BEIJING: Chinese Premier Li Keqiang is to travel to Cuba to shore up relations with one of the world’s few other remaining Communist states, officials said Wednesday, months after US President Barack Obama visited the Caribbean island.
Li will visit Cuba to discuss “how to further deepen bilateral relations and traditional friendship”, said vice minister of foreign affairs Wang Chao.
Li’s visit will be the first by a Chinese premier since the two countries established diplomatic relations 56 years ago, he added, although President Xi Jinping visited the island in 2014.
It comes after Obama’s historic three-day visit to Cuba in March—the first by a sitting US president since 1959.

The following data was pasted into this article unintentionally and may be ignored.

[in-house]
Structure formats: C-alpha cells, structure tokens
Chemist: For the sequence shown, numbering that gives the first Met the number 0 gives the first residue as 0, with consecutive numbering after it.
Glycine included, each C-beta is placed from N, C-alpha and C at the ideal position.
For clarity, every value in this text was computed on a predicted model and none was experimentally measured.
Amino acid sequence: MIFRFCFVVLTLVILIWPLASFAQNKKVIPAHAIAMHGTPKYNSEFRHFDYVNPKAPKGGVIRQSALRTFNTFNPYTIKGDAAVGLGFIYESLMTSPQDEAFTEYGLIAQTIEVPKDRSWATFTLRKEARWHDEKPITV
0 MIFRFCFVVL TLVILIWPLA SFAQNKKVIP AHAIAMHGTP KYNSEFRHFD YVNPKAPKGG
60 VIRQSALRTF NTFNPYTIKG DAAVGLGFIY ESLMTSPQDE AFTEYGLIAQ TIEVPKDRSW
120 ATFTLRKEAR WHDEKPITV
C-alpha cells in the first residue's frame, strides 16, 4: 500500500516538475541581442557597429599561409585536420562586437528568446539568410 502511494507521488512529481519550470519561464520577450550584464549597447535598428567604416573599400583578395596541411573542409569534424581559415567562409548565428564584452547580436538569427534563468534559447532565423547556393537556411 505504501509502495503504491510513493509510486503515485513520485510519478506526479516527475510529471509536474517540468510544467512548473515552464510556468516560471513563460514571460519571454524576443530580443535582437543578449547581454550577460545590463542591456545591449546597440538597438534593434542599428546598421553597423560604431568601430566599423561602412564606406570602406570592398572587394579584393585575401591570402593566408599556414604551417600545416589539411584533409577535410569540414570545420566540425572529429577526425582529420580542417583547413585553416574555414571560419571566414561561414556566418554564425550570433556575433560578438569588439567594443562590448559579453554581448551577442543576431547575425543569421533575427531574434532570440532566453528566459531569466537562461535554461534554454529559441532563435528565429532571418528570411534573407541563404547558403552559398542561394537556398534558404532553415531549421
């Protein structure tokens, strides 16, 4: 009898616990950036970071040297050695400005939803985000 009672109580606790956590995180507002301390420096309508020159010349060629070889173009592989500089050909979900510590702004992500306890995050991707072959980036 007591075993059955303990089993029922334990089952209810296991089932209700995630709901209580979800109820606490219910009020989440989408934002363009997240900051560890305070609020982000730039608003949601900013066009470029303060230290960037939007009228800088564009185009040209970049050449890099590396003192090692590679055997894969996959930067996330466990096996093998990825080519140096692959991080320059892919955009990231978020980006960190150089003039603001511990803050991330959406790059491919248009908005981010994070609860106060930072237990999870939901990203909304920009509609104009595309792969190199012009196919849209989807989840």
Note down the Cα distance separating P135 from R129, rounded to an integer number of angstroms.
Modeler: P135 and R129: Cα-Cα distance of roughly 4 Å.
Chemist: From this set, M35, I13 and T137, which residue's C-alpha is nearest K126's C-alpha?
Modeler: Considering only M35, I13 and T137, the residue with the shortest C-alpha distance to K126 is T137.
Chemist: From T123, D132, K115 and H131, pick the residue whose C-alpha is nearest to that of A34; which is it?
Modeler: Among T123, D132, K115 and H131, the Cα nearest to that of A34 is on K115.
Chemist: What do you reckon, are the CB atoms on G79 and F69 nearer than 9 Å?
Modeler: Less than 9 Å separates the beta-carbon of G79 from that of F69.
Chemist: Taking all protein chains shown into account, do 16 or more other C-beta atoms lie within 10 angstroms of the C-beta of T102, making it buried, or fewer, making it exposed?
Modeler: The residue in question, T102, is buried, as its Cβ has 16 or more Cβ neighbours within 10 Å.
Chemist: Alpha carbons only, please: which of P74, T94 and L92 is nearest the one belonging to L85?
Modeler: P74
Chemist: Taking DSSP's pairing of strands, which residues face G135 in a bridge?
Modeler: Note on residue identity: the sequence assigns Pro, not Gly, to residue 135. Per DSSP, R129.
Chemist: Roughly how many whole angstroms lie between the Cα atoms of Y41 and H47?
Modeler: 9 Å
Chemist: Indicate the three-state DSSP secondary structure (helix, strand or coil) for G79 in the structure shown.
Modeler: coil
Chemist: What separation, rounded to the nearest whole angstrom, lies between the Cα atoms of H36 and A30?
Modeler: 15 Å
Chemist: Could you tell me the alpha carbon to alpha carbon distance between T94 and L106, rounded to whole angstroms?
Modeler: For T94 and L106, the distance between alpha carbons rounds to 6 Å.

On Monday, the US and Cuba held talks in Washington on bilateral economic issues for the first time since diplomatic relations were restored between the two in July 2015.
Wang insisted that China did not see their normalizing of relations as a threat.
“We believe that to strengthen economic cooperation with Cuba will not only benefit Cuba’s development, but also benefit Cuba’s cooperation with other countries and the growth of the global economy,” he said, noting that China would benefit from such growth as well.
The distance between China and Cuba was a disadvantage, Wang acknowledged, but said the US rapprochement would not make China any less attractive to Cuba economically.
“We have strong mutual trust between our two countries,” he said.
Before Cuba, Li will pay an official visit to Canada, only two weeks after its Prime Minister Justin Trudeau visited China and Ottawa announced it would apply to join the China-backed Asian Infrastructure Investment Bank.
Wang gave no specific dates for Li’s visits, saying only that they would follow Li’s trip to New York for the 71st session of the UN General Assembly, which begins this weekend. AFP